• C04B2111/00Mortars, concrete or artificial stone or mixtures to prepare them, characterised by specific function, property or use
    • C04B2111/20Resistance against chemical, physical or biological attack
    • C04B2111/28Fire resistance, i.e. materials resistant to accidental fires or high temperatures
    • CCHEMISTRY; METALLURGY
    • C04CEMENTS; CONCRETE; ARTIFICIAL STONE; CERAMICS; REFRACTORIES
    • C04BLIME, MAGNESIA; SLAG; CEMENTS; COMPOSITIONS THEREOF, e.g. MORTARS, CONCRETE OR LIKE BUILDING MATERIALS; ARTIFICIAL STONE; CERAMICS; REFRACTORIES; TREATMENT OF NATURAL STONE
    • C04B2111/00Mortars, concrete or artificial stone or mixtures to prepare them, characterised by specific function, property or use
    • C04B2111/34Non-shrinking or non-cracking materials
    • FMECHANICAL ENGINEERING; LIGHTING; HEATING; WEAPONS; BLASTING
    • F01MACHINES OR ENGINES IN GENERAL; ENGINE PLANTS IN GENERAL; STEAM ENGINES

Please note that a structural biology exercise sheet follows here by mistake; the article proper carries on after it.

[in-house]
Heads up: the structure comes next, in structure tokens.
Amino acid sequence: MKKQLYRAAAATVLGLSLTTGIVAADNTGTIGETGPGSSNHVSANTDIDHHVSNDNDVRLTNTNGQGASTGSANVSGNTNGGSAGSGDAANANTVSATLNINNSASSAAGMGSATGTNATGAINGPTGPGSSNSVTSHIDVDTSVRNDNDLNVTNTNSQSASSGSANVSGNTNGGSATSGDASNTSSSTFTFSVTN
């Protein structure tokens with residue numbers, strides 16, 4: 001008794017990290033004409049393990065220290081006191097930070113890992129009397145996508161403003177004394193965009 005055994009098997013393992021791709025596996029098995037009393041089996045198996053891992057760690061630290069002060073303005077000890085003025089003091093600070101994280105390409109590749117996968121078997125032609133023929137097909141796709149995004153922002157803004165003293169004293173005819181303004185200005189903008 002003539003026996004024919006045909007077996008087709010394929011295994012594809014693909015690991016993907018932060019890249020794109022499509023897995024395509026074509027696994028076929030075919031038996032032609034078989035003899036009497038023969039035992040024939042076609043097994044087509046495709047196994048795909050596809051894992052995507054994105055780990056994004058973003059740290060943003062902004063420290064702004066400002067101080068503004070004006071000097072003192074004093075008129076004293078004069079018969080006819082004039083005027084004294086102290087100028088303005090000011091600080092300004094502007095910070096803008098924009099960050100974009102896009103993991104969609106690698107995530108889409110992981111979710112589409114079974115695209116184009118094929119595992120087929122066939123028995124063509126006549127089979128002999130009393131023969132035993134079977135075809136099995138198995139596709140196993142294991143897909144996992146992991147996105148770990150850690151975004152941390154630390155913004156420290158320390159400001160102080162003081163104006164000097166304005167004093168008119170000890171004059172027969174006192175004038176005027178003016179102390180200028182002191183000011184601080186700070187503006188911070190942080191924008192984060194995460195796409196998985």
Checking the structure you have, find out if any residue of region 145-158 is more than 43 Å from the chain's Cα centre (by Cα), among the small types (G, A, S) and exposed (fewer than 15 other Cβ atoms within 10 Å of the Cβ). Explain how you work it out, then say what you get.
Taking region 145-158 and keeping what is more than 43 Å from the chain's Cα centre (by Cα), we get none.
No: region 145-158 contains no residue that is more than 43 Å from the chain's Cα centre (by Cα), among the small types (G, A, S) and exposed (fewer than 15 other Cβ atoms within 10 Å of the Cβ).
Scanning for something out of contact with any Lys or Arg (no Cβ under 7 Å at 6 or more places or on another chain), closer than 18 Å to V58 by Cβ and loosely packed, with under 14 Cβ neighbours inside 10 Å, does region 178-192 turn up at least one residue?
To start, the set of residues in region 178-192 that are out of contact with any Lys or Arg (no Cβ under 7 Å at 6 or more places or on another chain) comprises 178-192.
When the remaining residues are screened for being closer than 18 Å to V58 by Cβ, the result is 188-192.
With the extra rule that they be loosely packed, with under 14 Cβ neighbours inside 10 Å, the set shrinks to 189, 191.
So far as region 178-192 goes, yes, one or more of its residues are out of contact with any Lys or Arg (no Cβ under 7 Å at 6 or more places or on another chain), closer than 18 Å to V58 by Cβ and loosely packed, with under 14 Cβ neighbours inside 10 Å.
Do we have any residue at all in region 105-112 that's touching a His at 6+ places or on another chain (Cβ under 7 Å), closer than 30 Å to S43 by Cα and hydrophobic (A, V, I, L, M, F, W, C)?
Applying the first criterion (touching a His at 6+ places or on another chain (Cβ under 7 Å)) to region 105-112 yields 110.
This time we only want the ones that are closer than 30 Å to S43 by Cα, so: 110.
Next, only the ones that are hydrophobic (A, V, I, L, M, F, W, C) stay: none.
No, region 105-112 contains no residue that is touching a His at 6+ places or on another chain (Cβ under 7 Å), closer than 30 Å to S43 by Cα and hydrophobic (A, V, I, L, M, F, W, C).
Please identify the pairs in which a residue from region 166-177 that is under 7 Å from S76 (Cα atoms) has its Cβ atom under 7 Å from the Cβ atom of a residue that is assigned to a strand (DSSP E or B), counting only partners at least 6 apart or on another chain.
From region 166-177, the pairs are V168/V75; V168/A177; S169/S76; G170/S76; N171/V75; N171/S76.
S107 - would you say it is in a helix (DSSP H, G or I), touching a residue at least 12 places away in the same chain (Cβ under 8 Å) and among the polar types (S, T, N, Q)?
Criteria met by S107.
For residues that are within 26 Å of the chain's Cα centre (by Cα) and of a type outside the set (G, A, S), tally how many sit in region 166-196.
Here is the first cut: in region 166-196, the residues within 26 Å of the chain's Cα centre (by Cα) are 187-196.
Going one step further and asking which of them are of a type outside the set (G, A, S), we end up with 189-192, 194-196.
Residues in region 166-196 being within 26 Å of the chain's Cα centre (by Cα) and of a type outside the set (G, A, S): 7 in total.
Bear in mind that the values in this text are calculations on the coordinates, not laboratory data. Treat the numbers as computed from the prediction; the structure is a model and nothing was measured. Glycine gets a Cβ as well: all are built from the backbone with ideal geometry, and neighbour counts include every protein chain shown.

• F01NGAS-FLOW SILENCERS OR EXHAUST APPARATUS FOR MACHINES OR ENGINES IN GENERAL; GAS-FLOW SILENCERS OR EXHAUST APPARATUS FOR INTERNAL COMBUSTION ENGINES
    • F01N13/00Exhaust or silencing apparatus characterised by constructional features ; Exhaust or silencing apparatus, or parts thereof, having pertinent characteristics not provided for in, or of interest apart from, groups F01N1/00 - F01N5/00, F01N9/00, F01N11/00
    • F01N13/14Exhaust or silencing apparatus characterised by constructional features ; Exhaust or silencing apparatus, or parts thereof, having pertinent characteristics not provided for in, or of interest apart from, groups F01N1/00 - F01N5/00, F01N9/00, F01N11/00 having thermal insulation
    • FMECHANICAL ENGINEERING; LIGHTING; HEATING; WEAPONS; BLASTING
    • F01MACHINES OR ENGINES IN GENERAL; ENGINE PLANTS IN GENERAL; STEAM ENGINES
    • F01NGAS-FLOW SILENCERS OR EXHAUST APPARATUS FOR MACHINES OR ENGINES IN GENERAL; GAS-FLOW SILENCERS OR EXHAUST APPARATUS FOR INTERNAL COMBUSTION ENGINES
    • F01N3/00Exhaust or silencing apparatus having means for purifying, rendering innocuous, or otherwise treating exhaust